Prevalence of patients with self-reported hidradenitis suppurativa in a cohort of Danish blood donors: a cross-sectional study

Br J Dermatol. 2019 Apr;180(4):774-781. doi: 10.1111/bjd.16998. Epub 2018 Sep 20.


Background: Hidradenitis suppurativa (HS) is a chronic inflammatory skin disease characterized by recurrent inflamed nodules. No pathognomonic test is available for HS; hence the diagnosis is based on three clinical criteria.

Objectives: To estimate the cross-sectional prevalence and characterize patients with HS in the Danish Blood Donor Study cohort.

Methods: A questionnaire previously developed containing HS screening questions, the Major Depression Inventory, the Short Form-12, as well as questions about height, weight and drinking habits was answered by 27 765 blood donors.

Results: The prevalence of HS was 1·8% [95% confidence interval (CI) 1·6-2·0%] in the cohort of Danish blood donors. Donors with HS were on average 4·7 years younger (P < 0·001), had 1·3 kg m-2 higher mean body mass index (BMI) (P < 0·001) and were significantly more likely to smoke [odds ratio (OR) 1·44, 17·9% vs. 13·1%, P = 0·002] compared with donors without HS. Furthermore, significantly more donors with HS were classified as having moderate depression (3·2% vs. 0·7%, P < 0·001). Also, significantly more patients with HS were apprenticeship educated, received educational support and sickness or cash benefits.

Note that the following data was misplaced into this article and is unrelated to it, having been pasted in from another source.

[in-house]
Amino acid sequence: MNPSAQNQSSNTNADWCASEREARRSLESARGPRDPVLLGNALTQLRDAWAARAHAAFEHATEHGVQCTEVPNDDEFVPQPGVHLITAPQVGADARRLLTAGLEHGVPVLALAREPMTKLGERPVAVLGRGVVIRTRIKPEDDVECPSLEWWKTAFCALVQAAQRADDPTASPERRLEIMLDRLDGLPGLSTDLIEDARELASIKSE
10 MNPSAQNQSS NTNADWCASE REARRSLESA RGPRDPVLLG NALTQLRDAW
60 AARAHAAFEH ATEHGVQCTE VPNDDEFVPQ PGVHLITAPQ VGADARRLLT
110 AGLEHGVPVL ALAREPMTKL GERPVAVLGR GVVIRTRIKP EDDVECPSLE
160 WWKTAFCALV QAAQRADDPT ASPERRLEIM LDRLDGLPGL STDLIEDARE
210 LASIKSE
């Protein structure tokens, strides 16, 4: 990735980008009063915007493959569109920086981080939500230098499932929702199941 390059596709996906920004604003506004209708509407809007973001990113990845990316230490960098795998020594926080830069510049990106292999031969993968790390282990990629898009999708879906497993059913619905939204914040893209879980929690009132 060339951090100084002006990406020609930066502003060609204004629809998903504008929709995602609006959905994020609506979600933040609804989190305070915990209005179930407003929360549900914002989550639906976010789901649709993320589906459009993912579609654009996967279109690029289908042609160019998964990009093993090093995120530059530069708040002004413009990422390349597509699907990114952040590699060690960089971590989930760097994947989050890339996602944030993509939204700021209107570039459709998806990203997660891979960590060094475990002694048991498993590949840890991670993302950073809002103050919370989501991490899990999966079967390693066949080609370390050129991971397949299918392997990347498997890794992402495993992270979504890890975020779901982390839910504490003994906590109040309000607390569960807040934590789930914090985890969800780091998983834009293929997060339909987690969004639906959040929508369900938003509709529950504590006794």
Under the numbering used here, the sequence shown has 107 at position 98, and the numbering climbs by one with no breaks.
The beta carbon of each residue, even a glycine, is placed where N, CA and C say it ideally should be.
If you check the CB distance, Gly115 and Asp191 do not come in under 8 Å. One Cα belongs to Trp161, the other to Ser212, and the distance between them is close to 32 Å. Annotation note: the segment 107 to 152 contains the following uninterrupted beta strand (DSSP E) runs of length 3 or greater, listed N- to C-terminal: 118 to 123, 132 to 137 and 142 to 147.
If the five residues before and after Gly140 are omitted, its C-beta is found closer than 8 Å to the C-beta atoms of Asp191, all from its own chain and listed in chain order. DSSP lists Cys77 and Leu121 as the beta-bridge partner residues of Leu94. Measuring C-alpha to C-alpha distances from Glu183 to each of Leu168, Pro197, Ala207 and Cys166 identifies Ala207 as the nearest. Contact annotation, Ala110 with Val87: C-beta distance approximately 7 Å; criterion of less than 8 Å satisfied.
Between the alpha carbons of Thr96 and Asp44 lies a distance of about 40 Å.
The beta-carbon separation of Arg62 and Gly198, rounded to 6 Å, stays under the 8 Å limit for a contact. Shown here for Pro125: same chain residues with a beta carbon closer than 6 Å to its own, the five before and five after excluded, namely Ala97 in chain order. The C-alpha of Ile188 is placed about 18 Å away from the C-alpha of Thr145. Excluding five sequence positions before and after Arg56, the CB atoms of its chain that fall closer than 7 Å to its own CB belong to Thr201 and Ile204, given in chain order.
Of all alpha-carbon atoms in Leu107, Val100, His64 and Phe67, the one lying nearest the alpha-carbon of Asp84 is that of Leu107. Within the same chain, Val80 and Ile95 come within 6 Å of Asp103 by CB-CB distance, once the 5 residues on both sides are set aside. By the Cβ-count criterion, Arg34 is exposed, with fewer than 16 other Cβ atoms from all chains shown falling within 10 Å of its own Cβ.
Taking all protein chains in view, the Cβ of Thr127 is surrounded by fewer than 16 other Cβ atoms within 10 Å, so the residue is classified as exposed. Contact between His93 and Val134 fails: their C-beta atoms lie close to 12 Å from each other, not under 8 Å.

Conclusions: The prevalence of HS in the cohort of blood donors was estimated to 1·8% (95% CI 1·6-2·0%). Donors with HS reported characteristics similar to those reported for hospital-based patients with HS such as higher BMI, smoking rates and lower socioeconomic status than donors without HS.

MeSH terms

  • Adult
  • Blood Donors / statistics & numerical data*
  • Body Mass Index
  • Cross-Sectional Studies
  • Denmark / epidemiology
  • Female
  • Hidradenitis Suppurativa / epidemiology*
  • Humans
  • Male
  • Middle Aged
  • Prevalence
  • Risk Factors
  • Self Report / statistics & numerical data
  • Smoking / epidemiology
  • Social Class